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On Multitasking, Writing, and Joggling

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March 8, 2015 by Nathaniel Tower

I have taken multitasking to a new level.

About a week ago, I accomplished a feat previously unknown to humankind. I simultaneously ran, juggled, and watched videos on YouTube. If that’s not an example of a human making the most of his/her time, then I don’t know what is.

treadmill joggling

Just how did I accomplish this feat? Pure skill and determination, I tell you. But before you dub me the greatest human alive, let’s take a step back for a second. Ever since human multitasking was “invented,” there have been skeptics who’ve claimed it’s impossible. In short, human multitasking is the apparent ability of a human to accomplish more than one task at the same time. The debate isn’t whether or not humans can do two things at once (hey, look at me texting and driving). It’s whether or not humans can do two things successfully or well at the same time (oh, shit, I just crashed).

Can Humans Really Multitask?

Computers multitask all the time. In fact, my computer is performing over a dozen processes right now without any lag in ability. But computers are programmed to do this. Humans are not.

Of course, one might argue that humans are actually always multitasking. After all, isn’t my body pumping blood and breathing and digesting and doing a bunch of other biological stuff right now?

Sure, but that’s not what anyone means when they say they’re multitasking.

The doubters aren’t wrong. Sure, I can run, juggle, and watch videos simultaneously. But am I performing all three at a peak level? Of course not. The same is true when I try to write and listen to music or write and watch TV (I’ve yet to try writing while running or juggling, but someday I will).

Here’s the thing: when I run and juggle (more commonly referred to as joggling), I don’t do either one as well as I can. It’s much harder to run fast while juggling. It’s much harder to perform juggling tricks while running. If I want to do tricks, I must slow down. A lot. My top-end running speed while juggling is significantly slower than my top-end running speed sans three balls flying back and forth between my hands.

But all this seems obvious. Of course you are going to run slower if your arms are doing something else. Of course you can’t juggle as well if you are also trying to move forward and not get hit by cars or fall off the treadmill. I once ran a mile while juggling and wearing a 40-pound weight vest. It shouldn’t be a surprise that I wasn’t even close to my top speed. But is this really a sign of a human’s inability to multitask?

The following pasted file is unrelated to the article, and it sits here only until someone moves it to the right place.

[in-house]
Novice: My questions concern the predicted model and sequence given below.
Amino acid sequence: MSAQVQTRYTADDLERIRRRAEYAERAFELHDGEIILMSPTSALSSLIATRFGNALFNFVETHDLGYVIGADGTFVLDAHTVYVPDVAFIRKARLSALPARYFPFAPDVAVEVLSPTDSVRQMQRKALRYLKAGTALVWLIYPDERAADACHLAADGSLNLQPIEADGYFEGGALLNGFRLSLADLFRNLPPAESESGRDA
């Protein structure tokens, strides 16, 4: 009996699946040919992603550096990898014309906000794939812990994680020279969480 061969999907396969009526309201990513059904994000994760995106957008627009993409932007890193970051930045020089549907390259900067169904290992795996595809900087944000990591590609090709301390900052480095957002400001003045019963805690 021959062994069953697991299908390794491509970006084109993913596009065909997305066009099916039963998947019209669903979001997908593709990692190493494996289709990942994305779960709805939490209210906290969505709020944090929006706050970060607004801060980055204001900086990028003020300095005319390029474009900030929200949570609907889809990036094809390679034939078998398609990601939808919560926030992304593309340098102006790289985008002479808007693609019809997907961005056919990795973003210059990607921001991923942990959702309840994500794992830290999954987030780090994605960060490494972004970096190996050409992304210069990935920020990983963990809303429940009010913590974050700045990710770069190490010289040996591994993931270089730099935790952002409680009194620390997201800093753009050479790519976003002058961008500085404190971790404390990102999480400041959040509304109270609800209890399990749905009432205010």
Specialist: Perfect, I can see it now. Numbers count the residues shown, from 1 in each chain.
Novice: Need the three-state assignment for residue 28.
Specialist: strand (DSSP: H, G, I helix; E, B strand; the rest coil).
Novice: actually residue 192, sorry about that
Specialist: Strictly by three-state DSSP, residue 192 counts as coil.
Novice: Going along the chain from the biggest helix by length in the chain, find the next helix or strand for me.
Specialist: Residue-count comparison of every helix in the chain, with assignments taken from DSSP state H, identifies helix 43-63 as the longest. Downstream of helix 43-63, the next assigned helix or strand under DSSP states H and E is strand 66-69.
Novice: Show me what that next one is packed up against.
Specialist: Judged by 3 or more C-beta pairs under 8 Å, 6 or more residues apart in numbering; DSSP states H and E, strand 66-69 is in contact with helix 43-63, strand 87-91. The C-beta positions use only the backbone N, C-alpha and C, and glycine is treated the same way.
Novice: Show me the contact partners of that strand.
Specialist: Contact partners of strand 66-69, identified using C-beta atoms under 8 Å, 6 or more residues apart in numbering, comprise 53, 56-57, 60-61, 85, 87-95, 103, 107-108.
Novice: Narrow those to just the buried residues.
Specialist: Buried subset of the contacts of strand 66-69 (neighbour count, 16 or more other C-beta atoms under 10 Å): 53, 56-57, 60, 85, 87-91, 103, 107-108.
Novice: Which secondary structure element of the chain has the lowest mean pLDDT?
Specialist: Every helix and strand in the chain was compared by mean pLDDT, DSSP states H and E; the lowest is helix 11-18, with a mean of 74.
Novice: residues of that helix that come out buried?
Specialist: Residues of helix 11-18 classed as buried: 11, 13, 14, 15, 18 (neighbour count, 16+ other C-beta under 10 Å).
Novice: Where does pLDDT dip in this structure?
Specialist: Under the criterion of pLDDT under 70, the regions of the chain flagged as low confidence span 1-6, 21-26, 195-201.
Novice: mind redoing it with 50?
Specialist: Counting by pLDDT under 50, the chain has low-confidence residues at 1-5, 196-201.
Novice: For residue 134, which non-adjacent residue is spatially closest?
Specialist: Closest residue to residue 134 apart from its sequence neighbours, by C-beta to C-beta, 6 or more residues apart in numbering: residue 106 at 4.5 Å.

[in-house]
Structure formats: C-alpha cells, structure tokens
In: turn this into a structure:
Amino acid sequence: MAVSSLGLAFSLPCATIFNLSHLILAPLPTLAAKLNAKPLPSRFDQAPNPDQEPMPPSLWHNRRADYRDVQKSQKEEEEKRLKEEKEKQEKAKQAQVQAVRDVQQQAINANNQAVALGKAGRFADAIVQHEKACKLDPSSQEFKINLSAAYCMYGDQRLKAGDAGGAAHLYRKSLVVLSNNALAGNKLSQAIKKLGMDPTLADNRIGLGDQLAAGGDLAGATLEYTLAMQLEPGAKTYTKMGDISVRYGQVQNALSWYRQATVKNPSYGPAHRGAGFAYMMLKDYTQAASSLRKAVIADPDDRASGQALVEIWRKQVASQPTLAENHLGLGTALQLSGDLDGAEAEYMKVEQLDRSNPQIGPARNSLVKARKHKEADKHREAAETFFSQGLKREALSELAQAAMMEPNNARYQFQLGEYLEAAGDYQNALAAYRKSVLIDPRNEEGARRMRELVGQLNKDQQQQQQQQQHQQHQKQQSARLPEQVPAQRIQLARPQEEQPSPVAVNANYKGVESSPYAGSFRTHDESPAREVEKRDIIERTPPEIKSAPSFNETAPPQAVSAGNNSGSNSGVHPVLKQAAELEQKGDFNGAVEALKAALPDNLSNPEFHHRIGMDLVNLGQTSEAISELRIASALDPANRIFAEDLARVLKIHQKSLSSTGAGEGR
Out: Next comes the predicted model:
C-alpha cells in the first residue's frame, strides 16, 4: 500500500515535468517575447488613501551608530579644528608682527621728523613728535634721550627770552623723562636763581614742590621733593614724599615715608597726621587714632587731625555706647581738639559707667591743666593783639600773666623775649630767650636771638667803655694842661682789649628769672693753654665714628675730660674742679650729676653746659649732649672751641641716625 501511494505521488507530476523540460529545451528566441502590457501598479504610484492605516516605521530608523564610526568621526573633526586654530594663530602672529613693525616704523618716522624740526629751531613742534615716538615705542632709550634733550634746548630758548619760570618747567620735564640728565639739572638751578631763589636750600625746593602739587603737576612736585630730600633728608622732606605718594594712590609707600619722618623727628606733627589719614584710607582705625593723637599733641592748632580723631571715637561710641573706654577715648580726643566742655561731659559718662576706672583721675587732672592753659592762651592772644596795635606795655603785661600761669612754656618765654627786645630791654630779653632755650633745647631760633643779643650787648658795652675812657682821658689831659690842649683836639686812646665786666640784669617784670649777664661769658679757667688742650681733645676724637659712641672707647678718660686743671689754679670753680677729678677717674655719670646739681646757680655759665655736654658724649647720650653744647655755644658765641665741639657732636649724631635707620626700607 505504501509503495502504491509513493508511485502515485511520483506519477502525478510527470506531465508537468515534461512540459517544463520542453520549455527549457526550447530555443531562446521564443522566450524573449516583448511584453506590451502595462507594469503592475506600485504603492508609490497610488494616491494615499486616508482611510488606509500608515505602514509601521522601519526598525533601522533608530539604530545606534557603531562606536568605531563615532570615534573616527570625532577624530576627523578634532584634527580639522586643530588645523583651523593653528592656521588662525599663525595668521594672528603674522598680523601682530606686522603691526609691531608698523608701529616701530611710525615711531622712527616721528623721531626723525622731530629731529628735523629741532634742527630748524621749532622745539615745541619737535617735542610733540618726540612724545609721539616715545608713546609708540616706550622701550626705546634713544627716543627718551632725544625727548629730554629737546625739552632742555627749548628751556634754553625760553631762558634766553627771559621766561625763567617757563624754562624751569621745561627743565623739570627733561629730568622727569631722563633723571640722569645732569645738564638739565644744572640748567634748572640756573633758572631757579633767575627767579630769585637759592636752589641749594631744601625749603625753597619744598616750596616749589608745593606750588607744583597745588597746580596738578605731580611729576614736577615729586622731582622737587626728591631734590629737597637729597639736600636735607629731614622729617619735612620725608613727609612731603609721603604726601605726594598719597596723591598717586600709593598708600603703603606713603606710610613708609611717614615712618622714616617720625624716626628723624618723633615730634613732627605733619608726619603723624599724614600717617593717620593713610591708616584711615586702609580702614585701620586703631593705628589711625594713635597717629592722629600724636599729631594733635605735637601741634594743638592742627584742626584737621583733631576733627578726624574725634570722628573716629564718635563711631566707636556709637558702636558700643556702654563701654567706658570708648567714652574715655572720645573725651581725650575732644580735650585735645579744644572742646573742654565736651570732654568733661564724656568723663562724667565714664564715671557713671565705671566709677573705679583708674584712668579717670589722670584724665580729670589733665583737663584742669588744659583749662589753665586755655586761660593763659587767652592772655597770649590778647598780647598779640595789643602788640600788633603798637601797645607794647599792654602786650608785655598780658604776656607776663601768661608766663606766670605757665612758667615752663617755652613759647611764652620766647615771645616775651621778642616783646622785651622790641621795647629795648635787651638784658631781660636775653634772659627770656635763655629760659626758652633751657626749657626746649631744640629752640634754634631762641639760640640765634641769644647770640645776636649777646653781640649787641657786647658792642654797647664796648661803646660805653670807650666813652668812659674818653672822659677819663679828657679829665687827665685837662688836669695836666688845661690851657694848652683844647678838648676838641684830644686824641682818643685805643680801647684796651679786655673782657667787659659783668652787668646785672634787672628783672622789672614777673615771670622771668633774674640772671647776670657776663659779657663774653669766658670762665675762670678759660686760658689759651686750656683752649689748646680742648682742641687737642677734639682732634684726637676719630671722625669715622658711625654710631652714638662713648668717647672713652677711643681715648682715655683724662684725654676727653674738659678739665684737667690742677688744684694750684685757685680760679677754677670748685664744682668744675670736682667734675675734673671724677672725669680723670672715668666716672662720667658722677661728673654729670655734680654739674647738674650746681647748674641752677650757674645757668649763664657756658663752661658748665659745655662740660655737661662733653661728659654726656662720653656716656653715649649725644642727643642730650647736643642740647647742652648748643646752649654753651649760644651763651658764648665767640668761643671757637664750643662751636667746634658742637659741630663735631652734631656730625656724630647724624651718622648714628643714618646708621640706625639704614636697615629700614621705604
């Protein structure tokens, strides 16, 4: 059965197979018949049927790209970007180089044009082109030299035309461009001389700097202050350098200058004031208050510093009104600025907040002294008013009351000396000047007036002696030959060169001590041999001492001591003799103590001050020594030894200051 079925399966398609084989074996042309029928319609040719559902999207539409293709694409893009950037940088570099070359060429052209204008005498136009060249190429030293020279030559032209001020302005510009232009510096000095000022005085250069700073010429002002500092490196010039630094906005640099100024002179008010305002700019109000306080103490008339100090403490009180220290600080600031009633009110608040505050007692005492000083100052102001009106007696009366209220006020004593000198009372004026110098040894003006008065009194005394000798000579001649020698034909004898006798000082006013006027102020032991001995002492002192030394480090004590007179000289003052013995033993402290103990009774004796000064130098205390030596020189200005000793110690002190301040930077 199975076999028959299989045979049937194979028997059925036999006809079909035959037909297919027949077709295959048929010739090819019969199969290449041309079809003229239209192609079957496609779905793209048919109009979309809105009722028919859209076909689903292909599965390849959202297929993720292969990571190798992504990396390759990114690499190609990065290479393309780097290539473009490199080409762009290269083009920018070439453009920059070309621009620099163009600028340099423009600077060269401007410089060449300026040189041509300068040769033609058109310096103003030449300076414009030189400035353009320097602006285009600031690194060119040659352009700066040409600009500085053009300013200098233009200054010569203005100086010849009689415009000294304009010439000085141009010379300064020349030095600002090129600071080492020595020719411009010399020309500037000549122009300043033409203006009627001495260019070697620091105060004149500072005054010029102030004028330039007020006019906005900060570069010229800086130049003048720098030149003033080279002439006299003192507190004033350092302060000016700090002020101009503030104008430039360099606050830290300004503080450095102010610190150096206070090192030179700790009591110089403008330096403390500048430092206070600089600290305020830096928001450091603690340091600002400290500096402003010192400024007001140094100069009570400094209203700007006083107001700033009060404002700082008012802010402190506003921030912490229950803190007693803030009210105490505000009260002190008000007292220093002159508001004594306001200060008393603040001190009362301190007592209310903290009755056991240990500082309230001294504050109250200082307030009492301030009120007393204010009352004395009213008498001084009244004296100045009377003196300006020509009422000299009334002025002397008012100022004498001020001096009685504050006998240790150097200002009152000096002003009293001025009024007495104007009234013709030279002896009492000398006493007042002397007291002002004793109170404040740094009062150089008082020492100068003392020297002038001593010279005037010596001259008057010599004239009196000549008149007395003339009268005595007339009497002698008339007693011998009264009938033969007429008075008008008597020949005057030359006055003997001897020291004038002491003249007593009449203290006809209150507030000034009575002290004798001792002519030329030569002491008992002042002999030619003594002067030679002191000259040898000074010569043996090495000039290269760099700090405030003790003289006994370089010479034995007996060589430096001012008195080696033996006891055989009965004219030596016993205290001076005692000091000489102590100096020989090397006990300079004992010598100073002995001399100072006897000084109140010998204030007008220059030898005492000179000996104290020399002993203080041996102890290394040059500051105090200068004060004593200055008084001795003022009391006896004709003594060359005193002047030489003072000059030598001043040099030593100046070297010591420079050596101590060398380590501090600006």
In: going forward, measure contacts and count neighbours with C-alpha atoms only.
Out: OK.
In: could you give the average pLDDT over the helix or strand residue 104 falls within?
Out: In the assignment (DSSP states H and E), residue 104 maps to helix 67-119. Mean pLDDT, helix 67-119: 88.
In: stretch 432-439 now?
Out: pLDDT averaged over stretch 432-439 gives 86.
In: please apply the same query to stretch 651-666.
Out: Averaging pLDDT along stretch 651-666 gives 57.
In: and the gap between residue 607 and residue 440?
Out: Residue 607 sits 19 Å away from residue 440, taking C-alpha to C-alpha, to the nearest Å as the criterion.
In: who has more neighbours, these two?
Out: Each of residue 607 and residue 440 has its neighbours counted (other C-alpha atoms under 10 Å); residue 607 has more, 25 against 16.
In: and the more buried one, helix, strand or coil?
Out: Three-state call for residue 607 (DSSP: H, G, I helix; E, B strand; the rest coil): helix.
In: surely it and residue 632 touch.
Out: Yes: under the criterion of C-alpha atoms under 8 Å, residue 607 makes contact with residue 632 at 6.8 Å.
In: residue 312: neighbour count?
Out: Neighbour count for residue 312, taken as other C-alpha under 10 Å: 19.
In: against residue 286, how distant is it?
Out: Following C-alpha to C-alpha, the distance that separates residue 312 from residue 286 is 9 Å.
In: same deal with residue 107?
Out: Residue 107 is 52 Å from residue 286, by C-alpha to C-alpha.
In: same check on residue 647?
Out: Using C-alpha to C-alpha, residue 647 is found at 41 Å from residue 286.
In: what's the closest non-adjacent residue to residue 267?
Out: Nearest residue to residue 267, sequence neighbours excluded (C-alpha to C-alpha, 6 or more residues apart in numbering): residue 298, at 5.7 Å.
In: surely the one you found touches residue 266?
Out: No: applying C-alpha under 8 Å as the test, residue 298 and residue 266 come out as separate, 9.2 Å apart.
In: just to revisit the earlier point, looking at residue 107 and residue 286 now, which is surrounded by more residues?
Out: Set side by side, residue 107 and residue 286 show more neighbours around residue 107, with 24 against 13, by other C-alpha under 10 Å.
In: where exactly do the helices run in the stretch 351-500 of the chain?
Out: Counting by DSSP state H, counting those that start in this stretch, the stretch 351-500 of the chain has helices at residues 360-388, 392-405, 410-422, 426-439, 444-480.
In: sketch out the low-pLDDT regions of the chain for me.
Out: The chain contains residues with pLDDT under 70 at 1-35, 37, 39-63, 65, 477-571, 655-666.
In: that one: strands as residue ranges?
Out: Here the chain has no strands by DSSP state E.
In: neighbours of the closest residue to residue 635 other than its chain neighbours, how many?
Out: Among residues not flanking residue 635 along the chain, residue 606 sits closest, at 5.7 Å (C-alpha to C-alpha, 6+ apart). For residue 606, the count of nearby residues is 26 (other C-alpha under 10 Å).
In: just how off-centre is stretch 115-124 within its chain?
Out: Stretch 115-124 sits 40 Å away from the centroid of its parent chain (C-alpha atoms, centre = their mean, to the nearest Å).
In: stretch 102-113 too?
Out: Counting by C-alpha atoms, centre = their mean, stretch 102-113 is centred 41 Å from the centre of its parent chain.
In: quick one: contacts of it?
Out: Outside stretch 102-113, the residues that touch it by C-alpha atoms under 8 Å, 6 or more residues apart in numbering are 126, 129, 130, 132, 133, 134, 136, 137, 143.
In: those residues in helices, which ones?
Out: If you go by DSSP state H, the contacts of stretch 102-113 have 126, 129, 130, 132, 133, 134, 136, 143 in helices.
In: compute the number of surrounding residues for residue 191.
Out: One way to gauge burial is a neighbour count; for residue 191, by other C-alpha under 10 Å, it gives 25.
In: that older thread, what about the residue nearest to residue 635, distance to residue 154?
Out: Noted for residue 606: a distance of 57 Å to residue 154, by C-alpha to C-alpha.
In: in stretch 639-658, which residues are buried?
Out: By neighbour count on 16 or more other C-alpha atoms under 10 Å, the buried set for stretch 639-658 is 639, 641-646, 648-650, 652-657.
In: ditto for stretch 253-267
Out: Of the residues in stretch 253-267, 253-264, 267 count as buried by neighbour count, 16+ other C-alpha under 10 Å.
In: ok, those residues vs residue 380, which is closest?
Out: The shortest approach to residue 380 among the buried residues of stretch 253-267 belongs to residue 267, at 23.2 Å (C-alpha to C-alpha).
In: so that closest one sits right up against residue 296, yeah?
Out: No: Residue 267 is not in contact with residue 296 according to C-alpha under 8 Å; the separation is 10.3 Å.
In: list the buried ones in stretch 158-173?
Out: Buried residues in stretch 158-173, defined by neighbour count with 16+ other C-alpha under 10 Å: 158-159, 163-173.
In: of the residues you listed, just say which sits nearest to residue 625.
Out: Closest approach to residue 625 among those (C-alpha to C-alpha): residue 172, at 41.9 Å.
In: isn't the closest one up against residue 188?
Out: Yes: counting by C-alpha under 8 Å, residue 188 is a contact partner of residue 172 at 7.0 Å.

Yes and no. Every additional activity we add to the mix—whether physical obstacles or external stimuli—will have one of two effects:

1. The additional activities will become secondary.

2. The performance of all activities will suffer.

Multitasking And Writing

Let’s get away from joggling for a minute and explore writing. As a writer, I rarely choose to sit in a quiet room and just write. I much prefer to listen to music as I craft my brilliant prose. But here’s the thing: I’m not really doing both at the same time.

Allow me to explain. I’m a bit of an audiophile. I can listen to music while I write, but I can’t be an audiophile while I write. It’s impossible for me to really appreciate the music as I’m trying to figure out the next part of the plot or how to craft this sentence. If I really want to hear the music, I must stop writing. In other words, the music is a background activity that I am pseudo-performing while writing. In those moments, I’m not a writer and an audiophile. I’m a writer with music in the background.

I don’t believe my writing suffers from having the music on. No, just the music-listening suffers. But that’s because I’m not really trying to do both at the same time. I’m focusing on one task. When joggling, on the other hand, I’m focusing on both tasks—keep running and keep juggling. It’s true that both of these things seem to come second nature to me—it’s not like I’m actively telling myself to keep putting one foot in front of the other while also catching and throwing those balls. But I’m not fully a runner or a juggler in those moments.

Now, I said before that writing and listening to music doesn’t hurt my performance as a writer, but that also depends on what I’m listening to and what I’m trying to accomplish as a writer. Drafting is simple. I can listen to anything while I draft. But I can’t perform quality proofreading while listening to speed metal or punk. When I really want to focus on perfecting a final draft, I turn the music off completely. I know there are limits to human multitasking.